'Three, Two, One...?' The Material Legacy of Global Millennium Celebrations

Harrison, Rodney (2009). 'Three, Two, One...?' The Material Legacy of Global Millennium Celebrations. In: Schofield, John ed. Defining Moments: Dramatic Archaeologies of the Twentieth-Century. Oxford: Archaeopress, pp. 147–156.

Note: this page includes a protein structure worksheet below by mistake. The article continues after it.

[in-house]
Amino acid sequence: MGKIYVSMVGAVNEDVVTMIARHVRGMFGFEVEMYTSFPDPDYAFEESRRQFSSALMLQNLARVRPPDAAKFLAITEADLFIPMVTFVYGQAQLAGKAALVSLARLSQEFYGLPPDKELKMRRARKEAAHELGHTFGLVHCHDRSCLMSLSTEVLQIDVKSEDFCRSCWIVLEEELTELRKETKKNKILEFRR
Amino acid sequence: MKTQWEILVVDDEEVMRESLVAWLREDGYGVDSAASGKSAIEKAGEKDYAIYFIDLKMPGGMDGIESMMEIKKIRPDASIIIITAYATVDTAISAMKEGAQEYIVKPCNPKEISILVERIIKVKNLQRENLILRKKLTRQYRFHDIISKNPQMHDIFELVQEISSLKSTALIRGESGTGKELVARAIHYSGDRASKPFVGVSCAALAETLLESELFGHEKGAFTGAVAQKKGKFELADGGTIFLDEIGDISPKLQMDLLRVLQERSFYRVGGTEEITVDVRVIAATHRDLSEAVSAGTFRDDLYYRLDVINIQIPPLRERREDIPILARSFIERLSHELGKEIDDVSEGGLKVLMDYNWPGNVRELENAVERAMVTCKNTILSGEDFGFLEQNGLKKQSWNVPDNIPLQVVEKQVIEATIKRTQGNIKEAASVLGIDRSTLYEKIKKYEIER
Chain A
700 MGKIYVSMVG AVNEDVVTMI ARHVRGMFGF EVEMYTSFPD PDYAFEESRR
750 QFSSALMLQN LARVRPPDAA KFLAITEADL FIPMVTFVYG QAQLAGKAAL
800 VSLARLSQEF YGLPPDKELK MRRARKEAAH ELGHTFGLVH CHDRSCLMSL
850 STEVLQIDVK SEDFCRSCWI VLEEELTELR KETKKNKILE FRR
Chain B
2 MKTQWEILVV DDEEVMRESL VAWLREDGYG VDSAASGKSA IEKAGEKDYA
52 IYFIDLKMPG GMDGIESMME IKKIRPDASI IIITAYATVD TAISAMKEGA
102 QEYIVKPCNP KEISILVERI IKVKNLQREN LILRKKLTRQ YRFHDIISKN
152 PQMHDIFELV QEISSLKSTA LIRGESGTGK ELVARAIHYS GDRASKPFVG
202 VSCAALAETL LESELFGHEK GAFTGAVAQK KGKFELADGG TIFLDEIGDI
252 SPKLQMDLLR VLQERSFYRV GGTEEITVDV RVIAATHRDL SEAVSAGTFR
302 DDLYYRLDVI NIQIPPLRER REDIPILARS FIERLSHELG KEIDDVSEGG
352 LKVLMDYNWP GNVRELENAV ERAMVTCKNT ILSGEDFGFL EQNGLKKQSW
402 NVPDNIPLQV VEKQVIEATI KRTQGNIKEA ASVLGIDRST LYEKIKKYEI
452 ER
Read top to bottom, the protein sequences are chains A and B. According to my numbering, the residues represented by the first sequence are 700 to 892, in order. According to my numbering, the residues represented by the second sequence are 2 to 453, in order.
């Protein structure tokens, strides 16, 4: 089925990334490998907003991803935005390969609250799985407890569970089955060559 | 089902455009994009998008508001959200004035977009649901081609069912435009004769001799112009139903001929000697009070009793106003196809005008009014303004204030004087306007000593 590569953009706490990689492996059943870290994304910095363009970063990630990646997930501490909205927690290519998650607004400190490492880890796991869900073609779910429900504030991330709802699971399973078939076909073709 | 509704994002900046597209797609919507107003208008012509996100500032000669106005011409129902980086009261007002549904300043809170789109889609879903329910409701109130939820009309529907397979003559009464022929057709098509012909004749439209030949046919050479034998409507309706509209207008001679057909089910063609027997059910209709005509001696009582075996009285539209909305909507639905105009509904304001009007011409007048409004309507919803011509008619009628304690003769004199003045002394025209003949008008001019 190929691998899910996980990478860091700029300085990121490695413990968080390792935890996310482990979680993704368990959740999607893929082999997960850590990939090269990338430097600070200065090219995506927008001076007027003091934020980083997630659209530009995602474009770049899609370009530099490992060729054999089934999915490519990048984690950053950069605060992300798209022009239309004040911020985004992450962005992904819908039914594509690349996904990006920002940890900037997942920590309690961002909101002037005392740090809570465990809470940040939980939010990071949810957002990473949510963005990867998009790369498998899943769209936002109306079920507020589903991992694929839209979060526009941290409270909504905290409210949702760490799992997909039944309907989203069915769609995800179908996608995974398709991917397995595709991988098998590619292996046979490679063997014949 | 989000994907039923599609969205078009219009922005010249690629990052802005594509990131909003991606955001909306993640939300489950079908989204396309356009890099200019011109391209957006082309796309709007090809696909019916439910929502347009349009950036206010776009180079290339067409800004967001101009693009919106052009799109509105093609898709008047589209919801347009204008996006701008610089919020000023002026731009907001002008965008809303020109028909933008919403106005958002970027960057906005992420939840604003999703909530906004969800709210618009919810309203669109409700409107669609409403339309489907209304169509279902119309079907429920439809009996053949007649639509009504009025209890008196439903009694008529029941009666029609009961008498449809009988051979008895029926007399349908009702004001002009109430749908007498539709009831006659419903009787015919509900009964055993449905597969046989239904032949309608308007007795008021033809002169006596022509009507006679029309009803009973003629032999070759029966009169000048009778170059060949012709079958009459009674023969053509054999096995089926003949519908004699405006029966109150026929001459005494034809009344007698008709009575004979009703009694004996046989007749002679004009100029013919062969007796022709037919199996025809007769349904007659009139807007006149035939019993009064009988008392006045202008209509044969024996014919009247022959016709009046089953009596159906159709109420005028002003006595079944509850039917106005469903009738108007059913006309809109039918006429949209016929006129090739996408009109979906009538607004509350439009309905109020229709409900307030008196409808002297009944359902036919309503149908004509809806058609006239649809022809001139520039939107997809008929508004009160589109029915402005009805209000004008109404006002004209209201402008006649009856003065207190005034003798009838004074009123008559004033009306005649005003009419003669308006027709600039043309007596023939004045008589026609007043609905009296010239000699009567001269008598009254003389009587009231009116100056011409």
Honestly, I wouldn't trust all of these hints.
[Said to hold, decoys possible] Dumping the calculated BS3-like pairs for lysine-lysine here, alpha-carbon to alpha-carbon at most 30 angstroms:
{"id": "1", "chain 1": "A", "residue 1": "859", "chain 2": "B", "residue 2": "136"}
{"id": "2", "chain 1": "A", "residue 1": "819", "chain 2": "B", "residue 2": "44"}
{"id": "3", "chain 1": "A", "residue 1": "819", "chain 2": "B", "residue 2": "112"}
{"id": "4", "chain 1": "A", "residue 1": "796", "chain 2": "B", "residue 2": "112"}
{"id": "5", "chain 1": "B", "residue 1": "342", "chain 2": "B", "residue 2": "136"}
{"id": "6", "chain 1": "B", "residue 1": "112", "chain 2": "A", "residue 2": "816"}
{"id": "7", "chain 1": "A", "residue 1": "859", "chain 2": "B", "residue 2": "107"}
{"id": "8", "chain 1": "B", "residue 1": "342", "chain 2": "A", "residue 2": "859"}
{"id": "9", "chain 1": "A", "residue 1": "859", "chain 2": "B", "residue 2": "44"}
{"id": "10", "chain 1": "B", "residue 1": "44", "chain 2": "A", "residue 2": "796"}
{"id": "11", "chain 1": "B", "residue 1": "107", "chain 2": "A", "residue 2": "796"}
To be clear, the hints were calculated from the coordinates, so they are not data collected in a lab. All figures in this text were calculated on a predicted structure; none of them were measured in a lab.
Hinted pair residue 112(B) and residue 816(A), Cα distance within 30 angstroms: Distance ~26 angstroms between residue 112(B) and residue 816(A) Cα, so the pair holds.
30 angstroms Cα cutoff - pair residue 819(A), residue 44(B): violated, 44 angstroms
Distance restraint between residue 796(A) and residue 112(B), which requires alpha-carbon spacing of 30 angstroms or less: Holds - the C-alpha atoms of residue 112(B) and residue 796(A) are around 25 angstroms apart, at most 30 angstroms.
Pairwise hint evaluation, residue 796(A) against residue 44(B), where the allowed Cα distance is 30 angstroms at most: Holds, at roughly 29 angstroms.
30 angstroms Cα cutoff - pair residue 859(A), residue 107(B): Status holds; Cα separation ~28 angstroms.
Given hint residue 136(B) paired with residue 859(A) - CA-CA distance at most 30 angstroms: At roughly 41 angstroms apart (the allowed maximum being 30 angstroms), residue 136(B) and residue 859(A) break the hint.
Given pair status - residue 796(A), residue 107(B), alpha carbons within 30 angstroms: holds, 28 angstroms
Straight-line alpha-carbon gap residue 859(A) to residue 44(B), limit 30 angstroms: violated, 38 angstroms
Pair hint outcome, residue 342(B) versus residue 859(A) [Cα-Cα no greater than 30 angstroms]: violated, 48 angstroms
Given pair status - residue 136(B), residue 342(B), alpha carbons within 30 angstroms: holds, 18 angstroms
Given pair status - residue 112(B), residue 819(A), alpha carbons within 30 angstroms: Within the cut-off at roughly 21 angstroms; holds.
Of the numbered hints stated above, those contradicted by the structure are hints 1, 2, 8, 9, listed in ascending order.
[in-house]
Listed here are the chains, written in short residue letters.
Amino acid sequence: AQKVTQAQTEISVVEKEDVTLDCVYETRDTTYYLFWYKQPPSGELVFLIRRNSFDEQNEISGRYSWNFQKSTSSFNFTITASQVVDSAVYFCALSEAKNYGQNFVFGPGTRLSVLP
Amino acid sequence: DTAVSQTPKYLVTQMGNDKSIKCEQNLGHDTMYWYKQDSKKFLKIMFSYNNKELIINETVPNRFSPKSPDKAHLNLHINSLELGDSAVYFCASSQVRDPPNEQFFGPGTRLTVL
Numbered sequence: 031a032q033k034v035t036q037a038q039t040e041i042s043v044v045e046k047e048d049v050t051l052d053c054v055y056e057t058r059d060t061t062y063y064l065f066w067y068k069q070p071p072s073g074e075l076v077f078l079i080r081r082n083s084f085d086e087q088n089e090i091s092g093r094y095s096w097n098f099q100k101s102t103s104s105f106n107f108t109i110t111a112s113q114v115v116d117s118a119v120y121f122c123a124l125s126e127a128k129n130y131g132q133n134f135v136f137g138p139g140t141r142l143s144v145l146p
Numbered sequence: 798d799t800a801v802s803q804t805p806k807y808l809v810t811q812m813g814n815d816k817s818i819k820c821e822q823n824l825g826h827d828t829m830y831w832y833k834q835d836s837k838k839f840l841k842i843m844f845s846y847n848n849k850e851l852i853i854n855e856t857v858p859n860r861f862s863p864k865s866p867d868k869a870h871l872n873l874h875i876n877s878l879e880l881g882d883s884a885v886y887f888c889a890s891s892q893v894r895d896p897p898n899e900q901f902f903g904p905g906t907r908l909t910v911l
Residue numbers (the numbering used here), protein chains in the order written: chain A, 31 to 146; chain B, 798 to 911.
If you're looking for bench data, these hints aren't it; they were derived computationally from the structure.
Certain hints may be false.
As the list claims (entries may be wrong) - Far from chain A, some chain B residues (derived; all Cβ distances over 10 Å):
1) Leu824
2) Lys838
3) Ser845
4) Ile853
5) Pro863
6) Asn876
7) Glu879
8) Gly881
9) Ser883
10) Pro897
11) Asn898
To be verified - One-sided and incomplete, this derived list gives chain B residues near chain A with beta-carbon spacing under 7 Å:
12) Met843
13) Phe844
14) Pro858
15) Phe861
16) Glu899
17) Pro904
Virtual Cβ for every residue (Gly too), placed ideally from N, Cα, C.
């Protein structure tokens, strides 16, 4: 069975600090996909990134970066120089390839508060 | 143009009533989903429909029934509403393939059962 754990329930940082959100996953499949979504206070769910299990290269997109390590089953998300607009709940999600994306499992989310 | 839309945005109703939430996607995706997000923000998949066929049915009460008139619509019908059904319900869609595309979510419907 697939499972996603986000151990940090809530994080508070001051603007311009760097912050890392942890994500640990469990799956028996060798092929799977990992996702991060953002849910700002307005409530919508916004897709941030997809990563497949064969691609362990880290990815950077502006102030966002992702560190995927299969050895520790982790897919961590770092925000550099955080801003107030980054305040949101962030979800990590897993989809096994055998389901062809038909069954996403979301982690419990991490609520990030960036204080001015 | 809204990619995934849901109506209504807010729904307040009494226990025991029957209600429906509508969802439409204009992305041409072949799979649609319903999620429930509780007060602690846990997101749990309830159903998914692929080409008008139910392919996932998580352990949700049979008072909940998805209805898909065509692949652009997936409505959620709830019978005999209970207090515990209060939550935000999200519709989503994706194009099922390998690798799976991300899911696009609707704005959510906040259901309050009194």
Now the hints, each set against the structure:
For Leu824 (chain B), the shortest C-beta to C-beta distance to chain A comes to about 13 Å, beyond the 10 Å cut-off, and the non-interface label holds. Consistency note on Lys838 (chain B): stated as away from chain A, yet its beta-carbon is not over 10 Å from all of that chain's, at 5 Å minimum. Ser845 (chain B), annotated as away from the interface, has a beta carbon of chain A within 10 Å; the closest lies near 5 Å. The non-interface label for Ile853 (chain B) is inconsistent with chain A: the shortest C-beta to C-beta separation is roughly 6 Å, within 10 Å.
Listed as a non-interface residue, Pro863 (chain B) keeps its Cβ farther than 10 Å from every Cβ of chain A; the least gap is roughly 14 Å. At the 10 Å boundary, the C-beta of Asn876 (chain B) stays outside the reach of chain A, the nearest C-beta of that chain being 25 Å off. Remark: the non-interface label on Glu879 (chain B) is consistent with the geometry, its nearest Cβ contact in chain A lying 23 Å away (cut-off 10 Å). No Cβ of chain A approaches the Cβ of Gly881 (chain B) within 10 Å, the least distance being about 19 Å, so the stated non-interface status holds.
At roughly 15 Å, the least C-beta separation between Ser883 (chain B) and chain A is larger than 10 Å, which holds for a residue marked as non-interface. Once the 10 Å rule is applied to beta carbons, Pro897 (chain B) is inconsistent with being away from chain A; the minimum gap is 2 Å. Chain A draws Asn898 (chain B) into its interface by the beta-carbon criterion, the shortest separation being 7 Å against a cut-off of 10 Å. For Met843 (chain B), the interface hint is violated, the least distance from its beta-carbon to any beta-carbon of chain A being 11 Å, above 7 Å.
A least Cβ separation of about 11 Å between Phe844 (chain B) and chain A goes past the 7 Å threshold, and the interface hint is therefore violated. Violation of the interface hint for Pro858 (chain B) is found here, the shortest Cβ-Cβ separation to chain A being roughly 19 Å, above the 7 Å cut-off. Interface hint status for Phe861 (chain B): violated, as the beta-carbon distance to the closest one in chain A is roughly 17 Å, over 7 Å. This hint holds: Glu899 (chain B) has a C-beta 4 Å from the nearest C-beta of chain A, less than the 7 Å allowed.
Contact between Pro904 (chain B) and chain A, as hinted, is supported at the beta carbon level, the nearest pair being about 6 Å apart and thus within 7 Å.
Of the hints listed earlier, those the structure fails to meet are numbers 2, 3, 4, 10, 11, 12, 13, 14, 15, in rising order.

New Year's Eve 1999 saw what could be argued to be the biggest collective international celebration which had ever occurred in human history. New Year's Eve celebrations were held throughout the world, and although they varied from country to country, and culture to culture, each country was involved in some formal celebration of the change from 1999 to 2000. But what remains of this world-wide celebration? An attempt to document the global archaeology of this event is outside of the scope of this paper. What I want to do here is to focus particularly on the range of archaeological sites associated with the material legacy of Millennium celebrations and commemorations in the United Kingdom, and to consider what these material remains might tell us about the ways in which Britons felt about, and approached, the Millennium as an event. In fact few obvious legible material remnants of Millennium commemorations remain at the time of writing, less than ten years since New Years Eve in 1999, yet an analysis of the particular forms of commemorative monuments produced as part of these celebrations suggests a focus almost entirely on the past, revealing a widespread Millenarianism at the close of the twentieth century in the UK. Concerns about global technological catastrophe and the end of the world centred on international fears surrounding the 'Millennium Bug', fears that were manifested in monumental building programmes which looked to the past to emphasise stability and the absence of change. In addition to these monuments, this chapter briefly considers the potential for the archaeology of a range of more ephemeral and enigmatic traces associated with the Millennium, including underground bunkers and digital artefacts of the 'Year 2000' problem, as well as the possibility of a global comparative archaeology of the Millennium.

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